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Sweet Revival: Carolina Chocolate Drops Deliver String Band Roots

first_imgFor the Carolina Chocolate Drops there’s a fine line between offering a history lesson and a foot-stomping good time. The Durham, N.C., trio has spent the last five years unearthing the largely unsung traditions of black string band music, and along the way become one of the most dynamic live acts on the continuously exploding youth-charged old-time revival scene. The formula mixes a throwback of past generations—plucking banjos and sawing fiddles—with an underlying progressive edge.“We’re depicted as a very traditional group, but the way that we approach the music is not very strict,” says band member Dom Flemons, who plays guitar, banjo, and a variety of old-fashioned percussion, including jugs and bones. “We add things to bring it forward.”The Carolina Chocolate DropsThe group, which also includes versatile instrumentalists Rhiannon Giddens and Justin Robinson, met in 2005 at the Black Banjo Gathering. The event was held at Appalachian State University in Boone, N.C., by scholars as a one-time symposium and festival to discuss the African roots of the banjo. After realizing a shared love of old-time sounds, the trio was collectively mentored by Joe Thompson, a 91-year-old elder statesman of traditional Carolina Piedmont music, who’s regarded as one of the last original black string band players. With Thompson’s tutoring, the Chocolate Drops soon started bringing pre-Civil War sounds of the rural South to stages across the country.While the group is committed to mining material from the past, they also can’t help but incorporate the influences that come from being in their ‘20s. The band’s latest album, last year’s Genuine Negro Jig, which was nominated for a Grammy for Best Folk Album, strikes a proper balance between the generation gaps. In addition to longstanding traditional tunes like “Cornbread and Butterbeans” and “Cindy Gal,” the effort also features front porch-style takes on Tom Waits’ “Trampled Rose” and R&B singer Blu Cantrell’s dance club anthem “Hit ‘Em Up Style.” It’s all part of a dual mission to be ambassadors of forgotten sounds and to encourage crowds to get up and move.“We’re presenting a particular form of music, but interpreting it in a way that’s true to our generation,” says Flemons. “All of the history is important, but what’s most important is that the music needs to be hot and swinging. We want people to get up and shake it.” 1 2last_img read more

Liverpool to make Virgil van Dijk the world’s best-paid defender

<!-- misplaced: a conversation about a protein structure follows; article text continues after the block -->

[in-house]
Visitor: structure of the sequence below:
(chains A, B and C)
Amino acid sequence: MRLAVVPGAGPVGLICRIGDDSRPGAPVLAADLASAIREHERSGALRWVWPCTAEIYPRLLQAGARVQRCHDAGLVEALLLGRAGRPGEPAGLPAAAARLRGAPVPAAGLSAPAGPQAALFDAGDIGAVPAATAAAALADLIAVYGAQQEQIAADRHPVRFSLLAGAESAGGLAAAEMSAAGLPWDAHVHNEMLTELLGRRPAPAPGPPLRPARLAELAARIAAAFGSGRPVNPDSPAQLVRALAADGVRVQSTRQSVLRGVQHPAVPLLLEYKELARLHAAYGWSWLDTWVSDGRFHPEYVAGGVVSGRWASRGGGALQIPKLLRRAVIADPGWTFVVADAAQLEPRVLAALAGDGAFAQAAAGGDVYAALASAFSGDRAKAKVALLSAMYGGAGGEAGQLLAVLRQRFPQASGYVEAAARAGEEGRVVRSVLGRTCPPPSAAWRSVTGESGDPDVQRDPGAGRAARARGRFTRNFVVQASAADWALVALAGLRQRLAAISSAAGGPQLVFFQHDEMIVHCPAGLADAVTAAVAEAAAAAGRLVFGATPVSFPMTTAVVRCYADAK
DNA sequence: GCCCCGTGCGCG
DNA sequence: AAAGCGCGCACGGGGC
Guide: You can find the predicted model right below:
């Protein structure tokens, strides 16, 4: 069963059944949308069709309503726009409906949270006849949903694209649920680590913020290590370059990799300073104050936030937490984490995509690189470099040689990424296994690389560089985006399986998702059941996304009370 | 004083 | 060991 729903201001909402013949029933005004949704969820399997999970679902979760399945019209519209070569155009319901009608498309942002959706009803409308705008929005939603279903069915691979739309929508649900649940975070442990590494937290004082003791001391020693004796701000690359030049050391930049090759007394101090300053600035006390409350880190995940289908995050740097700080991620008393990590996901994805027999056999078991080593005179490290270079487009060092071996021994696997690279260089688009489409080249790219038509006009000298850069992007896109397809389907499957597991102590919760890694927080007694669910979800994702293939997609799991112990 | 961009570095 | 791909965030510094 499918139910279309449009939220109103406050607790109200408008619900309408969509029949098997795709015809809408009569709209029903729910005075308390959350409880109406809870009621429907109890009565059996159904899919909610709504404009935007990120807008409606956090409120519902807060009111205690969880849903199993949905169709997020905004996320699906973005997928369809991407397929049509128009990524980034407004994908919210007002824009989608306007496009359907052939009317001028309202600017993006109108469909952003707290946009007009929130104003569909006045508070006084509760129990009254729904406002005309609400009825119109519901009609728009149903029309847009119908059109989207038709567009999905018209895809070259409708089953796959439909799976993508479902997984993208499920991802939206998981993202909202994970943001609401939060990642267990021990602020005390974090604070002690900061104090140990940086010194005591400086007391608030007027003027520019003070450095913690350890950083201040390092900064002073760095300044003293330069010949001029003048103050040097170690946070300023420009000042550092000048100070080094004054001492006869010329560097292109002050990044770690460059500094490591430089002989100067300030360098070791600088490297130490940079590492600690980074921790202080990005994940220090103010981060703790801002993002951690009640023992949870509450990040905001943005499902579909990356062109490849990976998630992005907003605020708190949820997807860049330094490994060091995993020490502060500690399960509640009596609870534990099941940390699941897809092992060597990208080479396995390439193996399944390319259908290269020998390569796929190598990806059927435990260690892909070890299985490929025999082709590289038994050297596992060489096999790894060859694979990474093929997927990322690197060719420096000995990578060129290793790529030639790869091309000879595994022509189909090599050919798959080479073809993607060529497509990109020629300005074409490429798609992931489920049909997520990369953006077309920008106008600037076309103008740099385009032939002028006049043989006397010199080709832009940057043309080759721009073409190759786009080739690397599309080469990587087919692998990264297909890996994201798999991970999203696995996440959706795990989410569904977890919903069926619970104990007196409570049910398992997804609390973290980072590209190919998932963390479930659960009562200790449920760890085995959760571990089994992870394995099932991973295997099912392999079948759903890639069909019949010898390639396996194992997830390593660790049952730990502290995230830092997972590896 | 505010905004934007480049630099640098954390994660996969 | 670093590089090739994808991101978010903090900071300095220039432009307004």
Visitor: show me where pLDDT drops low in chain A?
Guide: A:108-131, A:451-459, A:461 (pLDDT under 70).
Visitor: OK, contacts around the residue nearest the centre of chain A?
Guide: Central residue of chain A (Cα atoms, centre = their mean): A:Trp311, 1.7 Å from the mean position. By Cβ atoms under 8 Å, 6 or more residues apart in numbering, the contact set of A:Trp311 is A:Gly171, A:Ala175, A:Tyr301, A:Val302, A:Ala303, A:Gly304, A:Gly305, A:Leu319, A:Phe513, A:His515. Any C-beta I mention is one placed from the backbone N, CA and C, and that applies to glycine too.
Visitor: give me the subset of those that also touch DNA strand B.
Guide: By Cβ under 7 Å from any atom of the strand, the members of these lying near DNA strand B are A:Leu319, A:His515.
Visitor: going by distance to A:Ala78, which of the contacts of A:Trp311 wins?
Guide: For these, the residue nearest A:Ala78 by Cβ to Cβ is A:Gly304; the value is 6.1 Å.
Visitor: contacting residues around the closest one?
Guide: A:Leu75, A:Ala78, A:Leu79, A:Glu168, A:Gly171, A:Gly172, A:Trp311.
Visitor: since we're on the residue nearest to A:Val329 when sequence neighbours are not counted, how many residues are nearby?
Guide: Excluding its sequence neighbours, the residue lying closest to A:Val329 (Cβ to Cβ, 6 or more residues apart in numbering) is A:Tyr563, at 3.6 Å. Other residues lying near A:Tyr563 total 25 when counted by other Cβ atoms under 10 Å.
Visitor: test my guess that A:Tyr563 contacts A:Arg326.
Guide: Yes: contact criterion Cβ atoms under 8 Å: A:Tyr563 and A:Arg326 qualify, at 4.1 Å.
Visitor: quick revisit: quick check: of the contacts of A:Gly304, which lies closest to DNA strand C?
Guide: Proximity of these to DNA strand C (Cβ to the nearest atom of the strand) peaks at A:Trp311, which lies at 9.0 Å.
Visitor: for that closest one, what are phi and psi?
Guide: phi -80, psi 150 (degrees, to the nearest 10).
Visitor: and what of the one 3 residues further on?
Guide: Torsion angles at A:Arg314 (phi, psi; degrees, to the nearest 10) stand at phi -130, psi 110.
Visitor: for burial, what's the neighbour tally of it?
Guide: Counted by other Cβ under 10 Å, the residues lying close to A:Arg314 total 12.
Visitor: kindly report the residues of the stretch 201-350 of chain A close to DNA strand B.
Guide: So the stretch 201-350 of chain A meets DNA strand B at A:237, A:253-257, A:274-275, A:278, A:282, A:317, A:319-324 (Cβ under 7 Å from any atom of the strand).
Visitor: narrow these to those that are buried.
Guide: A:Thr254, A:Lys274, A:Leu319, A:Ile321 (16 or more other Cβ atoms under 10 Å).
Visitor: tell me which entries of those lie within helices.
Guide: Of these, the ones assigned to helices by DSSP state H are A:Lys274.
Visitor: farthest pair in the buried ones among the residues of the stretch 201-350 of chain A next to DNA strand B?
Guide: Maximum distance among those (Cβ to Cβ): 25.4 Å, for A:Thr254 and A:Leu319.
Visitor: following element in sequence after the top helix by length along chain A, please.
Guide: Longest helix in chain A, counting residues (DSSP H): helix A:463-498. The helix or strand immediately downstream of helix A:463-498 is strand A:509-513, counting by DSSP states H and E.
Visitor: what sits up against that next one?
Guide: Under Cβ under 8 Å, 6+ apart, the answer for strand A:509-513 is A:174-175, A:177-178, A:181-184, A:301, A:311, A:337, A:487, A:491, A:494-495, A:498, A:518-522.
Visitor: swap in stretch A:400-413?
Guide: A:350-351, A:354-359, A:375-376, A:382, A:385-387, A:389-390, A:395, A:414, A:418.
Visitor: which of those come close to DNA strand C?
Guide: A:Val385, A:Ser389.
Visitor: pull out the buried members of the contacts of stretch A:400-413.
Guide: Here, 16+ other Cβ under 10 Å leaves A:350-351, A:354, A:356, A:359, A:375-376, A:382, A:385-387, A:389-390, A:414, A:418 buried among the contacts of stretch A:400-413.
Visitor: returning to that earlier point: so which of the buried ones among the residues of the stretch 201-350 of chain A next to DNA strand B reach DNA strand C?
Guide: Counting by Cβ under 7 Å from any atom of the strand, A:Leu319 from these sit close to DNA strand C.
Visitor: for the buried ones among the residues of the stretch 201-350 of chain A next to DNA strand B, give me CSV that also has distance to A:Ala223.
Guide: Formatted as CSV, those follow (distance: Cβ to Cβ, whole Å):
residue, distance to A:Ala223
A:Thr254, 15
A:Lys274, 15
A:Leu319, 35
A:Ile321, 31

first_img Promoted Content10 Risky Jobs Some Women DoA Guy Turns Gray Walls And Simple Bricks Into Works Of ArtCouples Who Celebrated Their Union In A Unique, Unforgettable WayBest & Worst Celebrity Endorsed Games Ever Made14 Hilarious Comics Made By Women You Need To Follow Right Now8 Superfoods For Growing Hair Back And Stimulating Its Growth7 Universities Where Getting An Education Costs A Hefty Penny11 Most Immersive Game To Play On Your Table TopBirds Enjoy Living In A Gallery Space Created For ThemA Soviet Shot Put Thrower’s Record Hasn’t Been Beaten To This Day7 Of The Wealthiest Universities In The World9 Facts You Should Know Before Getting A Tattoo “Being able to reinvest over £220m on players during this financial period is a result of a successful business strategy, particularly the significant uplift in commercial revenues. “The cost of football however does continue to rise in transfers and associated fees but what’s critical for us is the consistency of our financial position, enabling us to live within our means and continue to run a sustainable football club.” Liverpool now have the third highest wage bill in the Premier League, and with Van Dijk due to get a new contract in the summer – which could make him the highest paid defender in world football – costs will rise once more. Boss Jurgen Klopp has also signed a new extended contract which will be felt in next year’s financial results, and the club are also making big efforts to sign their brightest stars of the future on long contracts. Teenager Harvey Elliott will sign a three year contract in the summer, after he turns 17, which will keep him at the club until 2023 – but the Reds will also hope to extend that further on his 18th birthday. Another rising star Curtis Jones is also likely to get improved terms, which shows Liverpool’s commitment to the future. Read Also:Liverpool set to financially overtake Man Utd And Hughes added: “These financial results and this sustained period of solid growth is testament to our ownership, Fenway Sport Group, who continue to support the Club’s ambitions and continue to reinvest revenues both in strengthen the playing squad and the Club’s infrastructure to build for the future.” FacebookTwitterWhatsAppEmail分享 Liverpool’s record-breaking success – on and off the pitch – has given them the financial muscle to match the biggest payers in world football. And that will see the financial commitment to keeping stars like Mo Salah, Sadio Mane and Roberto Firmino, who all got huge new pay deals in the last year, extended to the most coveted defender on the globe, Virgil van Dijk. The Anfield club released their year end results up until May 31 2019, and it showed a record level of revenues from TV, commercial and stadium income. But profits before tax were more than halved on the previous year to just £42m, because the club’s board reinvested the huge revenues – with turnover up year on year by £78m to a record level of £533m – in improved player salaries to keep the best players on Merseyside. A club statement said that Liverpool had made a bold statement by investing in player recruitment and retainment at Anfield. “Alisson, Keita, Fabinho and Shaqiri all signed for LFC, “ it read. “The first team squad was further reinforced with 11 players renewing their contracts including the Club captain Jordan Henderson, Firmino, Salah, Mane, Robertson and Alexander-Arnold.” And chief operating officer Andy Hughes explained that such investment doesn’t come cheap in a market which is dominated by big spenders such as Real Madrid , Barcelona and Manchester United . “The underlying financial sustainability of the Club is enabling us to make significant investments both in player recruitment and infrastructure,” he said. Loading… last_img read more